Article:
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sunflower

sunflower, any plant of the genus Helianthus of the family Asteraceae (aster family), annual or perennial herbs native to the New World and common throughout the United States. In cultivation, the flower heads, commonly having yellow rays, sometimes reach 1 ft (30 cm) in diameter. The common sunflower (H. annuus) is an annual, native from Minnesota to Texas and California and perhaps also in Central and South America. Native Americans cultivated the plant and found many uses for it: the nutritious seeds were eaten raw, made into a meal, or used as a source of hair oil; a yellow dye was obtained from the flower heads, and a fiber from the stalks; the roots of certain other species were eaten. Today the common sunflower is widely cultivated; it is particularly valued in the countries of the former Soviet Union, where the seeds are made into bread. The seeds are almost universally used as a poultry food and principally as the source of an oil utilized for such purposes as cooking and soapmaking; the oil cake is fed to stock. The common sunflower is the state flower of Kansas, and a sunflower is regarded as the floral emblem of Peru, where it was revered by the ancient sun worshipers. Several other species are in cultivation—some are garden flowers; the Jerusalem artichoke is a food plant. Other plants are sometimes called sunflower. Sunflowers are classified in the division Magnoliophyta, class Magnoliopsida, order Asterales, family Asteraceae.

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sunflower

sunflower Any of several annual and perennial plants of the genus Helianthus, native to North and South America. The flower heads resemble huge daisies with yellow ray flowers and a centre disc of yellow, brown, or purple. The seeds yield a useful oil. The common sunflower (H. annuus) has 30cm (1ft) leaves and flower heads more than 30cm (1ft) across; height: to 3.5m (12ft). Family Asteraceae/Compositae.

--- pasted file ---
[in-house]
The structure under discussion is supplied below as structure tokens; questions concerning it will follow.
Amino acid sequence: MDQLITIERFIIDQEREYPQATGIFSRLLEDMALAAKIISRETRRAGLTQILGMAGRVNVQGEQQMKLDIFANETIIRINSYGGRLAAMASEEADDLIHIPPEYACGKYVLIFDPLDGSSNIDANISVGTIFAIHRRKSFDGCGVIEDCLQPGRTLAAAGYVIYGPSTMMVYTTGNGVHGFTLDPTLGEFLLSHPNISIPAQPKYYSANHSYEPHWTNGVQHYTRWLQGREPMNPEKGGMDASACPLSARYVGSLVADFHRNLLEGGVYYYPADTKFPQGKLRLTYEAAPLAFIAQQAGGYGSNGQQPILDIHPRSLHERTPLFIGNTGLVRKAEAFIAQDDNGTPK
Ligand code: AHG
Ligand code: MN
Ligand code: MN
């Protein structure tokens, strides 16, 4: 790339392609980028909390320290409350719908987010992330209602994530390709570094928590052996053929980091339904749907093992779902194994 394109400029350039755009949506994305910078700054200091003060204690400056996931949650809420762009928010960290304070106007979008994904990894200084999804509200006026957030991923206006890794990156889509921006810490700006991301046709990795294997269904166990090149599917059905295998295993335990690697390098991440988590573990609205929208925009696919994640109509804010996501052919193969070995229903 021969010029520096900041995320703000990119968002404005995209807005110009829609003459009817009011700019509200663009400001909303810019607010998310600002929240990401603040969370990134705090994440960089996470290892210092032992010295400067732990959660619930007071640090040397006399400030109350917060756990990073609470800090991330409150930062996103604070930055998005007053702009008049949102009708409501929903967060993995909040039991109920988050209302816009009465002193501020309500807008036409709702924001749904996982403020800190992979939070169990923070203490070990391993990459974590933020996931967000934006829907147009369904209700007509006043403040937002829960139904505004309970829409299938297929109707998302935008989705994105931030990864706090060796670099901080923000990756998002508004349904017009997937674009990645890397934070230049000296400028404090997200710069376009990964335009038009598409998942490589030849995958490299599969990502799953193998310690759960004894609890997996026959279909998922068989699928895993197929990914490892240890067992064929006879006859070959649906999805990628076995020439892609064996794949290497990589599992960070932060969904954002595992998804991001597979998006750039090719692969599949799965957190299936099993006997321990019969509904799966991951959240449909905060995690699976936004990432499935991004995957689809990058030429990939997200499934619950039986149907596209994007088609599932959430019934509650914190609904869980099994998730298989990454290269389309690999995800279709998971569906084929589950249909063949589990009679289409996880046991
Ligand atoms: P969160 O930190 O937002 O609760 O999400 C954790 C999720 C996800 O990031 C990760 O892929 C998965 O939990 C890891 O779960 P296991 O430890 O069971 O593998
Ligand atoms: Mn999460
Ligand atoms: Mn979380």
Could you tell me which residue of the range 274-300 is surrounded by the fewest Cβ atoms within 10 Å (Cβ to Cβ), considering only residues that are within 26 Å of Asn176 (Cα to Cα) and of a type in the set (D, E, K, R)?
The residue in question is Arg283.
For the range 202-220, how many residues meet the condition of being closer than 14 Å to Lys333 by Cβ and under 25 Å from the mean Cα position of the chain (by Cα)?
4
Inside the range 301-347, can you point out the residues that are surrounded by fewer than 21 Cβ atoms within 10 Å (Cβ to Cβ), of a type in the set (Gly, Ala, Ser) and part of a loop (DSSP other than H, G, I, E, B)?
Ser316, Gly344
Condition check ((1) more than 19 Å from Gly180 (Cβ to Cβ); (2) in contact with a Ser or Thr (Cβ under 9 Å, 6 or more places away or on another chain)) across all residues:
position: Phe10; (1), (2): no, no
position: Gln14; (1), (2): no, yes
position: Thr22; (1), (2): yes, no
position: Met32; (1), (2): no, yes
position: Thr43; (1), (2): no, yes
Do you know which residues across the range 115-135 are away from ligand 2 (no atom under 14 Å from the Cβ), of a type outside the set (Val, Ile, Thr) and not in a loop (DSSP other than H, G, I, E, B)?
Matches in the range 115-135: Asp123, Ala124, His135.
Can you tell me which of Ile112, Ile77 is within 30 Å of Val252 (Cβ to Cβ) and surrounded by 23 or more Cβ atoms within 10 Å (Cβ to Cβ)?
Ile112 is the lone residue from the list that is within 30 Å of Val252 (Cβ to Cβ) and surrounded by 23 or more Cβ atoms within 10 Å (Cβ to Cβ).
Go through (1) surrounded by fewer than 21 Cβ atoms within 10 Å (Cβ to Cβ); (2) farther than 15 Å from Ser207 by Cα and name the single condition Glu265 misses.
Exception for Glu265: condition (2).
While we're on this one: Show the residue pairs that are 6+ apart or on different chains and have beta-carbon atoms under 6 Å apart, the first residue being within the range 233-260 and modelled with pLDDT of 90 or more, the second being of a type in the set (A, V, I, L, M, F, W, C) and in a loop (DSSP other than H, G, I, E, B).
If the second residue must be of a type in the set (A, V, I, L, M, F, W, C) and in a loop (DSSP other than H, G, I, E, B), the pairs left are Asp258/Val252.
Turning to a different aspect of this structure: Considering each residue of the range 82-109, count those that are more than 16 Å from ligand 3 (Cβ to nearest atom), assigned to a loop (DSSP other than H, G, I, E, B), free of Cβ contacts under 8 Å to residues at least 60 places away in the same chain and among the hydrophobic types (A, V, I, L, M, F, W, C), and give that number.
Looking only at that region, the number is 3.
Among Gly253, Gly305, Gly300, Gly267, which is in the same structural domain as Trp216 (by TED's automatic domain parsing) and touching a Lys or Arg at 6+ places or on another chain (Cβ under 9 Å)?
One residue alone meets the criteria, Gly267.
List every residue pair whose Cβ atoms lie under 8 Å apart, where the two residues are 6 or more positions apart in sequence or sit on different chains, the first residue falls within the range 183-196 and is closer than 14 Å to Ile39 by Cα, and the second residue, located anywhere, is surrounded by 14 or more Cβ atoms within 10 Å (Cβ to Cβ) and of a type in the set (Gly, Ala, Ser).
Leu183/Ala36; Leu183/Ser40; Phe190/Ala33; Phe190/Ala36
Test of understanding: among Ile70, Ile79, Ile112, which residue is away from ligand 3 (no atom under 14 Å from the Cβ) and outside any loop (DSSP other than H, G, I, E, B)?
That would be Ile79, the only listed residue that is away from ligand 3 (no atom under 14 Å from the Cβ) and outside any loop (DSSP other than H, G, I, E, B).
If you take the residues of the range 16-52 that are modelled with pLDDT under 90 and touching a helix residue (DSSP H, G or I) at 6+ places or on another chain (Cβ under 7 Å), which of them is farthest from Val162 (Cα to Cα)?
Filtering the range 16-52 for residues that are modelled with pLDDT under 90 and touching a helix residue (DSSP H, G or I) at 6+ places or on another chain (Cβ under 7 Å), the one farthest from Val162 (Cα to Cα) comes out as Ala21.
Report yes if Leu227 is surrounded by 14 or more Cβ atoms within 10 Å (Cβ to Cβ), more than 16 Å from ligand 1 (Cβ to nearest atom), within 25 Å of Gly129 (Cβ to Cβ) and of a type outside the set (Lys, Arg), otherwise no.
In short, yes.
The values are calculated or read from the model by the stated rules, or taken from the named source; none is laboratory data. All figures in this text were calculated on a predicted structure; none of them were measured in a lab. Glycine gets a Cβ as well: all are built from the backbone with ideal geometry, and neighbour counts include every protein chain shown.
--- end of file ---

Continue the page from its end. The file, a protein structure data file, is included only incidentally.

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sunflower

sun·flow·er / ˈsənˌflou(-ə)r/ • n. a tall North American plant (Helianthus annus) of the daisy family, with very large golden-rayed flowers. Sunflowers are cultivated for their edible seeds, which are an important source of oil for cooking and margarine.

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sunflower

sunflower Annual plant, Helianthus annuus, introduced into Europe from the Americas by the Spanish in 1510.

An important commercial source of edible oil (low in saturates, 12%, approximately 70% polyunsaturated); residual oilseed cake is used as animal feed.

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sunflower

sunflower (Helianthus annuus) See COMPOSITAE.

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sunflower

sunflowerbower, cower, devour, dower, embower, empower, endower, flour, flower, gaur, Glendower, glower, hour, lour, lower, our, plougher (US plower), power, scour, shower, sour, Stour, sweet-and-sour, tower •Beckenbauer • Eisenhower •Schopenhauer • safflower •passion flower • bellflower •mayflower • cauliflower • wallflower •cornflour, cornflower •sunflower • elderflower • man-hour •Adenauer • manpower • brainpower •willpower • horsepower • firepower •water power • rush hour •watchtower

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